Author: Jonathan P. Merritt

Happily married father of six. Lead pastor at Edgewood Baptist Church (Columbus, GA). Good-natured contrarian, theological Luddite, and long-suffering Atlanta Falcons fan. A student of one book.

8 thoughts on “Inadvertently renovating a house of cards with new cards”

  1. It’s funny how the same topics seem to circulate the Christian blogosphere, I just saw this Stanley video interview yesterday via Georgia Purdom (scientist & speaker for Answers in Genesis). She posed the question about what the flaws in his logic are and my response was a brief summary of exactly what you said- so, AGREED! ~Sarah


  2. Ok, you drew me in. Your a,b, and c points are all basically saying the same thing which I think is missing the point of what Stanley was saying. Stanley never drew a distinction between the reliability of the Gospels vs. OT/Genesis. What I hear Stanley saying is, when preaching to unbelievers, why start with one of the seemingly crazy stories that is hard to believe if they do not even believe in the main thing? Basically, why waste time with Adam and Eve when they do not believe that Jesus rose from the dead? Even if you convince them of A&E, that aint saving them. Christ’s work is most important, so let’s start with that and teach our kids how to articulate that better. And then tackle all the other stories through that lens. He never says the Gospels are more reliable than the OT. You seem to be reading that into what he says.


    1. Yes, a, b, & c basically say the same thing (I’m just responding to Stanley’s arguments) but I don’t think it’s missing the point. Stanley states: “But here is why I believe this actually happened, not because the Bible says so, but because of the Gospels, Jesus talks about Adam and Eve…” That’s a distinction. Whether or not he intended to draw a distinction is another discussion, but language means nothing if what he said isn’t a distinction.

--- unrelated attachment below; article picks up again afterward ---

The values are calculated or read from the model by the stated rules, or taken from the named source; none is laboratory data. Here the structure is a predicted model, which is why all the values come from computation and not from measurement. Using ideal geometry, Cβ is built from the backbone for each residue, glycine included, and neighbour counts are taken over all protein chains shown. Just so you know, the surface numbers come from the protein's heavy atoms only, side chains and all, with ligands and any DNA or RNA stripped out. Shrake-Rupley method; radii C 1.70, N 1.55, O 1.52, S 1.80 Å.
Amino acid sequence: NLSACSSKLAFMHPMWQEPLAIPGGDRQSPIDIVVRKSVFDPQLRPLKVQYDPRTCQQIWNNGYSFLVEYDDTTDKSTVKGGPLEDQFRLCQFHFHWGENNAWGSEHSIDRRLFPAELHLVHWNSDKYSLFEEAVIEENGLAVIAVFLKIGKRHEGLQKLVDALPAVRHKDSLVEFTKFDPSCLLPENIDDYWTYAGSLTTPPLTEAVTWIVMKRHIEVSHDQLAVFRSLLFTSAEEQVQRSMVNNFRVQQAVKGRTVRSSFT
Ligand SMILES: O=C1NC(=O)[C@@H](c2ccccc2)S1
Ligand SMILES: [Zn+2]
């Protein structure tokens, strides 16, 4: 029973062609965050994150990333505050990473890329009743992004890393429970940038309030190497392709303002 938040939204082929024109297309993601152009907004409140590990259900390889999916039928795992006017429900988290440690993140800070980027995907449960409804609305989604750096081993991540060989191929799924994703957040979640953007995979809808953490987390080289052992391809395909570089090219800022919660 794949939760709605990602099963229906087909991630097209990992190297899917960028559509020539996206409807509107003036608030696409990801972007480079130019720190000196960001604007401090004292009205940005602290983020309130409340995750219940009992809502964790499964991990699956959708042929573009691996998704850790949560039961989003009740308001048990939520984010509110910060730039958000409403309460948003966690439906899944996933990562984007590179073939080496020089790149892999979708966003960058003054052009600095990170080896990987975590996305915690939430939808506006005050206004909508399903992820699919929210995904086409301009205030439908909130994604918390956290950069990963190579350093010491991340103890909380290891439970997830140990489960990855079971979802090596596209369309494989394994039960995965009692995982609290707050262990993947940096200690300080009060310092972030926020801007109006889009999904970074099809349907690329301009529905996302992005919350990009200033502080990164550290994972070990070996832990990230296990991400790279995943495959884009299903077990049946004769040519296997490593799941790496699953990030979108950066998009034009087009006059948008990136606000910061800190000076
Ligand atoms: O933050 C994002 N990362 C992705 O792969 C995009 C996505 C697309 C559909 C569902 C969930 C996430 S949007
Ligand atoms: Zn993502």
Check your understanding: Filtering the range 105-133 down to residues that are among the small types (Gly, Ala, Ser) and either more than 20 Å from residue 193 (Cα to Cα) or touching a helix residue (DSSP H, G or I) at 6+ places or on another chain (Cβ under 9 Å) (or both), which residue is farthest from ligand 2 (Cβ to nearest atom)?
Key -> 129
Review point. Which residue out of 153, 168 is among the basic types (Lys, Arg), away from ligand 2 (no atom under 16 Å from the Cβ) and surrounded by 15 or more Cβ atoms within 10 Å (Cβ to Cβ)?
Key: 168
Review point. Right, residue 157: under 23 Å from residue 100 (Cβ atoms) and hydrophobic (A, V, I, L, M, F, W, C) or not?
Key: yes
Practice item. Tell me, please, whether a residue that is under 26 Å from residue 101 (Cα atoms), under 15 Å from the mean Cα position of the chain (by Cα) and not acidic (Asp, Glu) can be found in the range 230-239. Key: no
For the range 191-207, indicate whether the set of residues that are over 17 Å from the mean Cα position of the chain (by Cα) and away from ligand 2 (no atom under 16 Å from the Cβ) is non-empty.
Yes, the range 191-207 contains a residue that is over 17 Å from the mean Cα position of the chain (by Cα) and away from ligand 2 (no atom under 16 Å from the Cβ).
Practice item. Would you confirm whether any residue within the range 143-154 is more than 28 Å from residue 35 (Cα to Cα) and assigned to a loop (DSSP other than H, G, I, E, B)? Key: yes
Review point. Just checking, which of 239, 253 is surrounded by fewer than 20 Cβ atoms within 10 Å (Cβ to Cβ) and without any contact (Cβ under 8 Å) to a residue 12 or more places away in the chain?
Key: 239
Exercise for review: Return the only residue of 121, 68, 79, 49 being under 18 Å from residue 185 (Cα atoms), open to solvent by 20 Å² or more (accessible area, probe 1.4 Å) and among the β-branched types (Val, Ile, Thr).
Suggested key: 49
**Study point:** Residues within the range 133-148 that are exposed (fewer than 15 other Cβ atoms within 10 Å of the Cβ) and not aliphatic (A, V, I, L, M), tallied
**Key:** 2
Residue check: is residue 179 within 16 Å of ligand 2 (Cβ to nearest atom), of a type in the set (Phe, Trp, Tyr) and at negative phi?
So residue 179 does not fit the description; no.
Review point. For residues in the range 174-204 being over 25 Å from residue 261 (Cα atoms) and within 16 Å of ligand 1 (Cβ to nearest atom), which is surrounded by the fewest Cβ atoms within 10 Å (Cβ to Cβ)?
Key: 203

I applaud the shrewd approach to the skeptic–keep the focus on Jesus. But his explanation(s) is baffling: I don’t believe A&E because it says so in the Bible but because Jesus says so in the Bible.


      1. The disservice he mentions at the beginning of the comments is teaching folks the only apologetic they need to know is “because the Bible says so”. He is just saying how he communicates to an audience that includes people who may not believe every word of the Bible but have a strong faith in Christ. Or people who are skeptical of everything. He is not talking about how he would preach to a bunch of theological scholars. If you don’t like his tactic fine, but don’t read into what he is saying by assuming he does not believe in the infallibility of the Scriptures when he came no where close to saying that.


      2. Seems we’re talking past each other. (1)What we communicate (the content) is important no matter who we’re talking to. The details of his message were self-contradicting & I think provoked more questions than it allayed. Even skeptics would notice the disconnect as he explained it in the video. (2)I like his tactic. (3)I take issue w/ his reasoning precisely because I don’t assume he denies infallibility. The position I assume he affirms is poorly represented by his comments in the video.

        Here’s a real-life example of what I’m talking about. It’s OK to admit that you muddied the water.


    1. Wait…what happened to your last word? Did you think better of disagreeing with the opposite of my opposite? I knew you would come around eventually.